*FURTHER THOUGHTS ON THE DECISION OF SUPREME COURT IN EYITAYO JEGEDE & ANOR V APC & ORS (SC/481/21) AND ITS IMPACT ON THE CURRENT LEADERSHIP OF APC*
Once again, I am compelled to offer my opinion on the above subject following several recent developments.
My decision to be actively engaged in this process of helping the party find a solution is also driven by my sense of responsibility because after the dissolution of the National Working Committee, many senior colleagues reached out to me to express disappointment that I did not do more to offer guidance to the process.
It is of no moment whether or not my guidance is accepted, as far as I offered it.
In this instance, I will illuminate the issues with my legal understanding and hope that our party leaders find guidance in them.
Firstly, i hold the view that it is incorrect (factually and contextually) to state that the Supreme Court upheld the decision of the Tribunal regarding the impact of Section 183 of the 1999 Constitution (as Amended) and Article 17(iv) of the APC Constitution. If this was the case, the Court would not require that Governor Mai Mala Buni ouggr to have been joined as the Court would have already determined the question in his absence.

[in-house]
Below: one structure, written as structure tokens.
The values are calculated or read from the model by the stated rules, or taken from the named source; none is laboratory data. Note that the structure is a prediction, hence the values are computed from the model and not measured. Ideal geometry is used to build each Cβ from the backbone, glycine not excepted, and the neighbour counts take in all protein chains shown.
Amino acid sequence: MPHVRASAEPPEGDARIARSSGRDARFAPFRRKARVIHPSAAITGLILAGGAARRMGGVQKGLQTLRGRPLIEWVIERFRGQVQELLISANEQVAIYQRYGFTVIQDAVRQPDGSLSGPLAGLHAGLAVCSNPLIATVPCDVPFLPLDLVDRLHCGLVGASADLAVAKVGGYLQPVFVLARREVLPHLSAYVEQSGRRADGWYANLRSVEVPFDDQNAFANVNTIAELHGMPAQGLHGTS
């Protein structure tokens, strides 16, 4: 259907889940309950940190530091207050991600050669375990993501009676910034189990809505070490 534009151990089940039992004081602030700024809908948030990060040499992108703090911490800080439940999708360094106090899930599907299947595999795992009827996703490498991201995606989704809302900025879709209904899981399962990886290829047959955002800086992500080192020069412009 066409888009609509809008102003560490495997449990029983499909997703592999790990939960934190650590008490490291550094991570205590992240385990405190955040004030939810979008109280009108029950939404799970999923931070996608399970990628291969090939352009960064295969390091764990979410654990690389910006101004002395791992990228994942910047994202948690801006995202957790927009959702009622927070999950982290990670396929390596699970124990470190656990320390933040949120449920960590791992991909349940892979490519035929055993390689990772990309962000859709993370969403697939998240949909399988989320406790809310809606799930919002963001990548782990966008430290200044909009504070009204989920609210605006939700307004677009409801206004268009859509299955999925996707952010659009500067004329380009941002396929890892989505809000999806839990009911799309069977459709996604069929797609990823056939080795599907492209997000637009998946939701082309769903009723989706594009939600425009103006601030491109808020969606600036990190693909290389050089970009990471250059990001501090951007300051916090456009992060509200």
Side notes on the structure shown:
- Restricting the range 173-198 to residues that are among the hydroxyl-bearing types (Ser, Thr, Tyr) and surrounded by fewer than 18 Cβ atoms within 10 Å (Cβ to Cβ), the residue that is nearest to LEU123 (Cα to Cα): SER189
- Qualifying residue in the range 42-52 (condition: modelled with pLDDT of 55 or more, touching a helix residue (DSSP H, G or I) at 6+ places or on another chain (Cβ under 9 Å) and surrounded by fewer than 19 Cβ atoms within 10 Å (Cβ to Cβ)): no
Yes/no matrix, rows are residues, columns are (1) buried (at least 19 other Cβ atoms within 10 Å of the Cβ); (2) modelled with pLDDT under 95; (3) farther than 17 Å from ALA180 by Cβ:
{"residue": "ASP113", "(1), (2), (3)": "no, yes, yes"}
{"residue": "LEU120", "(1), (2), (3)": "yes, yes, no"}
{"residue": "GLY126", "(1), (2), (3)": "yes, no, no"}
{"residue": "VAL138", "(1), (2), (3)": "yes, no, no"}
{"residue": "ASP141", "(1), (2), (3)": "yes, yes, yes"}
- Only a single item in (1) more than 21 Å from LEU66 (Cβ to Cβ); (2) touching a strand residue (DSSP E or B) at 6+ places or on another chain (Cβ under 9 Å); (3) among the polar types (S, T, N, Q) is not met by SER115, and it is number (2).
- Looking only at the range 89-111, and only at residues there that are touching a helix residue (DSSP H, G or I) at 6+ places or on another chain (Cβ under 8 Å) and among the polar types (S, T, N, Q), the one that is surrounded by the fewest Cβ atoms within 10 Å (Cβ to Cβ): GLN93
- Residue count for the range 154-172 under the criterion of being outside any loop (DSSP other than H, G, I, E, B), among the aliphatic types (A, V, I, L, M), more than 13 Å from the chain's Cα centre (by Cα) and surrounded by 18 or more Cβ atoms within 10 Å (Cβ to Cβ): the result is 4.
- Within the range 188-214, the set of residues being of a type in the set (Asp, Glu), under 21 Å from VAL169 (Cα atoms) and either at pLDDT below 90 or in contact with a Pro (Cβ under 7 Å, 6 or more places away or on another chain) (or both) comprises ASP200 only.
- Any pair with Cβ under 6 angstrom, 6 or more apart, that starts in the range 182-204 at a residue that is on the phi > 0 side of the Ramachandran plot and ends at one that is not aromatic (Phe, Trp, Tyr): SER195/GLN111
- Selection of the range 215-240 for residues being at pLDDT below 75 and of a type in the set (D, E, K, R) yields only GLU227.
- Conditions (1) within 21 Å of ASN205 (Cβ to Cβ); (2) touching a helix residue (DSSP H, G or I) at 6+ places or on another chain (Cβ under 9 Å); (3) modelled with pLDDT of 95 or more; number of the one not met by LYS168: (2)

That opinion most respectfully stands logic on its head, and it is therefore misleading in my opinion.
Also, it is not correct to insist that the opinion of the minority in this case in meaningless taking into account the fact that the majority rested its decision on a technical point. The technical point which is non-joinder is one that can be cured in any subsequent suit and that is why the failure of the majority decision to directly disagree with the substance of the minority decision presents an existential threat to the All Progressives Congress
As I noted in my earlier opinion, the Court gave a hint by the silence of the majority and a wink by the decision of the minority.
Therefore, the purport of the advice of the learned Attorney General of the Federation (with respect) is akin to asking a Pastor or an Imam who is watching on his CCTV camera in his house as 3 (Three) strange men armed with guns and cutlasses scale over his fence, heading for his back door, not to alert the Police but to instead allow them enter his sitting room so he can confirm if they came to rob him or they came to seek deliverance at 2 am in the night. I would have thought that the smart money would be to call the police so that they can seek deliverance in the presence of the Police.
It is my view that it is wrong and unfair on APC and all those who seek office through its platform to be asked to face the risk faced by our Governor, Arakurin Akeredolu. This can be avoided by doing the right thing.
The PDP and its candidate did not challenge the votes cast in that election but rather zeroed in on the nomination of the APC candidate and the nomination process and in response to that the apex Court said “Governor Buni ought to have been joined” Does this not say it all?
In another breath, those who compare APC to a club, or an association of elected officers miss the point completely.